Understanding Roe v. Wade Case: A Comprehensive Summary

Understanding Roe v. Wade Case: A Comprehensive Summary

The controversial case that threw gasoline on the wildfire of pro-life versus pro-choice
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With the recent challenge to the Texas law on abortion, I thought I would do a summary of Roe v. Wade case. This iconic, and controversial case, deals with the Fourteenth Amendment, the right of privacy. This right of privacy goes up against the State’s interest in protecting unborn children. This case from 1973, so it’s not really a trending legal issue. But, you know, it IS still trending probably because of the recent Dobbs v. Jackson Women’s Health Organization case.

With the recent challenge to the Texas law on abortion, I thought I would do a summary of Roe v. Wade case. This iconic, and controversial case, deals with the Fourteenth Amendment, the right of privacy. This right of privacy goes up against the State's interest in protecting unborn children. This case from 1973, so it's not really a trending legal issue. But, you know, it IS still trending!
MidJourney prompt: commercial photograph, baby in a basket, on black isolated plain, hyper realistic, stock photo, –no hands, –ar 4:5 –v 5 –s 250

Summary of Roe v. Wade

At the time that the Supreme Court took Roe v. Wade, Texas illegalized abortion unless it was done to save the mother’s life. Basically, it was a crime to either get an abortion or to perform an abortion.

Isn’t this quaint. It’s a Texas déjà vu all over again.

For a more in-depth look at abortion after Roe v. Wade, I found a book called Abortion and the Law in America (affiliate link). I’m not recommending it because I haven’t read it yet, but I thought it would be an interesting read.

Before we begin, Jane Roe (the plaintiff) is a fictitious name. Like, Jane Doe except Jane Roe. The irony of roe being a fish’s egg is not lost on me. At any rate, Jane Roe sued Henry Wade, the district attorney of Dallas County, Texas, because abortion was illegal in Texas “except on medical advice for the purpose of saving the mother’s life.” (There were some other plaintiffs, but they aren’t that important as the Supreme Court dismissed those cases.)

Roe won in the U.S. District Court for the Northern District of Texas. Wade appealed directly to the Supreme Court.

On January 22, 1973, the Supreme Court issued a 7–2 decision of Roe, holding that women had a fundamental right to choose whether to have an abortion without excessive government restriction. The majority opinion was written by Justice Harry Blackmun. The Supreme Court struck down Texas’s abortion ban as unconstitutional.

The (Old) Texas Statute On Abortion

The Texas laws in question were Articles 1191, 1192, 1193, 1194, and 1196.

Article 1191. Abortion

If any person shall designedly administer to a pregnant woman or knowingly procure to be administered with her consent any drug or medicine, or shall use towards her any violence or means whatever externally or internally applied, and thereby procure an abortion, he shall be confined in the penitentiary not less than two nor more than five years; if it be done without her consent, the punishment shall be doubled. By ‘abortion’ is meant that the life of the fetus or embryo shall be destroyed in the woman’s womb or that a premature birth thereof be caused.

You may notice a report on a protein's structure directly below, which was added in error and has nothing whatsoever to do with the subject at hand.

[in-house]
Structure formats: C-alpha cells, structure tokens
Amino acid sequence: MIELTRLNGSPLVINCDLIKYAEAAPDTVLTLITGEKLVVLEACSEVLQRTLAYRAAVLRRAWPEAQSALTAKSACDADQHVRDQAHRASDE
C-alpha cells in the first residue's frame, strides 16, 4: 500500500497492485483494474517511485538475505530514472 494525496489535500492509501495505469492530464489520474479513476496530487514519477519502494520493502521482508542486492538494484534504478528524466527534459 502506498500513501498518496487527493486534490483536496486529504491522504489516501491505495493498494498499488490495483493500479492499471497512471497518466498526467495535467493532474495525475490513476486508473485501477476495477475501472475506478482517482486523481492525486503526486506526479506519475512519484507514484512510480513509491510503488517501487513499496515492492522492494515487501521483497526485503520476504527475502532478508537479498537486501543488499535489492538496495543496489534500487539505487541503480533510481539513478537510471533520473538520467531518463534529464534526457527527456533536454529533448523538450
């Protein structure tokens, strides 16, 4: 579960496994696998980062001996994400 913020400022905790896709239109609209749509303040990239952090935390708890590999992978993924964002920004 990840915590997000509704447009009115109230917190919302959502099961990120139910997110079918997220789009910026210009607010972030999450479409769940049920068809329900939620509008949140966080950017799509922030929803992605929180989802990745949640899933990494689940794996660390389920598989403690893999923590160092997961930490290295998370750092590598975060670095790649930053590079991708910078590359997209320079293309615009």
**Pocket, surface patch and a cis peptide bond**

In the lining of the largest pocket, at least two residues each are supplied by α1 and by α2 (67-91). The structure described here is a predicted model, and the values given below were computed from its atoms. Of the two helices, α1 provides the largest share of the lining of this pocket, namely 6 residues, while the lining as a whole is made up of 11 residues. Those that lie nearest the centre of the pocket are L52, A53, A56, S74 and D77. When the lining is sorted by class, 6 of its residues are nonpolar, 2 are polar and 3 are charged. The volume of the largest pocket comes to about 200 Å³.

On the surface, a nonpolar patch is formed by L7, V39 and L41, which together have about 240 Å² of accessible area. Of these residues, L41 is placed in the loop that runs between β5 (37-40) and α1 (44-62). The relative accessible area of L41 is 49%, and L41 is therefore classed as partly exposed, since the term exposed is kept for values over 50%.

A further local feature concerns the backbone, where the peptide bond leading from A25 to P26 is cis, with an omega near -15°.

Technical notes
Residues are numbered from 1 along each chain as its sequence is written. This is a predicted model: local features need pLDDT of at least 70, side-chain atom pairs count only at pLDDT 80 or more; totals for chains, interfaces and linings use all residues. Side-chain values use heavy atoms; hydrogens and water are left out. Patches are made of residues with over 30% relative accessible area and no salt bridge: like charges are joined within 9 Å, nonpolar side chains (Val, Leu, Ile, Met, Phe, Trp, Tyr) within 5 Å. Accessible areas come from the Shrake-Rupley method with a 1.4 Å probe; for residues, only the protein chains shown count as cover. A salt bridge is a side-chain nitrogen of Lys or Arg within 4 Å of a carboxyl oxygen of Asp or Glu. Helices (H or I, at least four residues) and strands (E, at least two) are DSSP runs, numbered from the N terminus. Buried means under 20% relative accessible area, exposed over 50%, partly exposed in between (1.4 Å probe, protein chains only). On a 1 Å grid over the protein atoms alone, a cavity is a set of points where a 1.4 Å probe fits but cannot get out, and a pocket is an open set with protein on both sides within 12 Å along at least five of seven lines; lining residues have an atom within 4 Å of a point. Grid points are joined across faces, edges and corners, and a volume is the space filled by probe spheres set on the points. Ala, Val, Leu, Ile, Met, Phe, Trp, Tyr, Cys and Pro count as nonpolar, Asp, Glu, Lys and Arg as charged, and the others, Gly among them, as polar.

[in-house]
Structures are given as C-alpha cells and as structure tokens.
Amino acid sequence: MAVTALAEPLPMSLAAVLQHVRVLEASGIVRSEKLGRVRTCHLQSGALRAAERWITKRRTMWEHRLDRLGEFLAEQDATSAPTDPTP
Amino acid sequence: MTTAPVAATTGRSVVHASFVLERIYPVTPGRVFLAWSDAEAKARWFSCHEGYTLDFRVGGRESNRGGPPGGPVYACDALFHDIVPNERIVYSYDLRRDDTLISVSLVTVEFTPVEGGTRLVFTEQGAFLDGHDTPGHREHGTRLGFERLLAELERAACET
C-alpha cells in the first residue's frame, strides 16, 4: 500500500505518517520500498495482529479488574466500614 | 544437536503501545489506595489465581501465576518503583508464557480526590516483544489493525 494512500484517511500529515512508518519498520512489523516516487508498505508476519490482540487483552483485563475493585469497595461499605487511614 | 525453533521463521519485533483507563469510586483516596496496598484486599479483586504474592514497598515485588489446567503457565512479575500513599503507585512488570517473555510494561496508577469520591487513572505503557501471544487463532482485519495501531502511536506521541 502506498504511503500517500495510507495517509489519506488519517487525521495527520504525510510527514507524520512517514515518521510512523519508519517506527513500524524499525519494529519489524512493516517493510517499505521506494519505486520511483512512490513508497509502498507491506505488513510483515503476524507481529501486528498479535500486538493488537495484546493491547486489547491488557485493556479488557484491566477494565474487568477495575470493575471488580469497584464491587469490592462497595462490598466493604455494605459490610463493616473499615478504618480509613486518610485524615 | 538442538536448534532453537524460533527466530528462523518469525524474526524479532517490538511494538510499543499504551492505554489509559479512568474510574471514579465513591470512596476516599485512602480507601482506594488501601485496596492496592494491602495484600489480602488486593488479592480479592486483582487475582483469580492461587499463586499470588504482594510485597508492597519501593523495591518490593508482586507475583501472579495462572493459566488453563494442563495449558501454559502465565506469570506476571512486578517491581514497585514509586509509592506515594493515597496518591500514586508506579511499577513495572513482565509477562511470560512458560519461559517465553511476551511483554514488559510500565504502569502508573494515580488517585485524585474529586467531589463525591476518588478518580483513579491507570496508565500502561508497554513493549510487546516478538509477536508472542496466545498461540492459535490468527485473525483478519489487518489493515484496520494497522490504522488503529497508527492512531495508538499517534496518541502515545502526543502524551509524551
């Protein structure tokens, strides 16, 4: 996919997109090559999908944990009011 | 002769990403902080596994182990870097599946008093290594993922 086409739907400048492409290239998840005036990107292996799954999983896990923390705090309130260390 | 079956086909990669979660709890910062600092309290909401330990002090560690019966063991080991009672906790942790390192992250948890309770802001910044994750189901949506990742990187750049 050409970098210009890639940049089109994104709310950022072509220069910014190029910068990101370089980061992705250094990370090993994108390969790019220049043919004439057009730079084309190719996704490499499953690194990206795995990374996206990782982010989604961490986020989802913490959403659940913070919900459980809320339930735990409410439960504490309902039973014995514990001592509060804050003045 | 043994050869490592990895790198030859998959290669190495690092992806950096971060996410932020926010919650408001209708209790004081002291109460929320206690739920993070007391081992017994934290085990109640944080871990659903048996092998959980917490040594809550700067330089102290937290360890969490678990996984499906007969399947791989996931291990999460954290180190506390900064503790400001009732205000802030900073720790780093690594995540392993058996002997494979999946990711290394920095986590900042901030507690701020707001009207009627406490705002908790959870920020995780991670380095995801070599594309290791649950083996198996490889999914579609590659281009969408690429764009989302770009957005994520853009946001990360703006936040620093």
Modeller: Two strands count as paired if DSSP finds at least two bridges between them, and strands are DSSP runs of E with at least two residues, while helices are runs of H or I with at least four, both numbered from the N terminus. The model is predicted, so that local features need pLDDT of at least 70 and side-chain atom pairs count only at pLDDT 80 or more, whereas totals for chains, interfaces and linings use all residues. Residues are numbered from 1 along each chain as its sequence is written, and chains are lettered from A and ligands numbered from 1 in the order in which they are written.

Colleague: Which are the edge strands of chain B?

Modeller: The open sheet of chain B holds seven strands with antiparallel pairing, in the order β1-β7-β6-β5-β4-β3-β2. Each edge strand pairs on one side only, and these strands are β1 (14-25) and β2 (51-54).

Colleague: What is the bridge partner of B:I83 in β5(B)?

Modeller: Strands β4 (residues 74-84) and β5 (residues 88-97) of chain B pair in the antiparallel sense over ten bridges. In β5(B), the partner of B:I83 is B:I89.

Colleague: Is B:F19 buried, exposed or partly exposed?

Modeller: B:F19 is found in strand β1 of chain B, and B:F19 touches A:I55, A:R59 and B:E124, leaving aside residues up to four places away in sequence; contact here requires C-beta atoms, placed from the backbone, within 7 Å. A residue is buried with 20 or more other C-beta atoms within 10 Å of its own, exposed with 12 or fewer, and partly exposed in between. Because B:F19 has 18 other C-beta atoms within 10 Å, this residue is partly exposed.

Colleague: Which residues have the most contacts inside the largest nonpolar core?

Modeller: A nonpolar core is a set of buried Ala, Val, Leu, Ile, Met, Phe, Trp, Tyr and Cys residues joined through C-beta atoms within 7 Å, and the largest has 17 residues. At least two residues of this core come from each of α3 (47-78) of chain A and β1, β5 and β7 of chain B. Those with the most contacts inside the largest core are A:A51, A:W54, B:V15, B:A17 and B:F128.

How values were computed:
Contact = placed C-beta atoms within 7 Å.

Article 1192. Furnishing the means

Whoever furnishes the means for procuring an abortion knowing the purpose intended is guilty as an accomplice.

Article 1193. Attempt at abortion

If the means used shall fail to produce an abortion, the offender is nevertheless guilty of an attempt to produce abortion, provided it be shown that such means were calculated to produce that result, and shall be fined not less than one hundred nor more than one thousand dollars.

Article 1194. Murder in producing abortion

If the death of the mother is occasioned by an abortion so produced or by an attempt to effect the same it is murder.

Article 1196. By medical advice

Nothing in this chapter applies to an abortion procured or attempted by medical advice for the purpose of saving the life of the mother.

Article 1195 was not challenged, but it read:

Article 1195. Destroying unborn child

Whoever shall during parturition of the mother destroy the vitality or life in a child in a state of being born and before actual birth, which child would otherwise have been born alive, shall be confined in the penitentiary for life or for not less than five years.

Basically, this law said that a doctor couldn’t perform an abortion, a mother couldn’t get an abortion, and someone else couldn’t help the mother get an abortion, unless the abortion was by the medical advice to save the mother’s life.  Further, if the mother died because of the abortion, it was murder. If the child could have been born alive (e.g. after a certain number of months), a person could get 4 years to life for “destroying” the baby.

Who Was Jane Roe?

Jane Roe’s real name is Norma McCorvey. She was unmarried and pregnant. The beginning of the written opinion determined whether the Supreme Court could hear a case directly appealed from the District Court (it could because it was a “specific denial of injunctive relief”) and whether Jane Doe had standing in this case (she did). Standing simply means whether she is affected by the challenged laws at the time that the case was decided in the Supreme Court (not just when the case was initiated).

Standing in this case is interesting, because by the time this case was in the Supreme Court, Roe was not pregnant.  However, SCOTUS wrote that “the normal 266-day human gestation period is so short that the pregnancy will come to term before the usual appellate process is complete.” That means that a pregnant person would never have standing because she would give birth before SCOTUS could decide the case. So, they decided she had standing because she was pregnant when she initiated the lawsuit.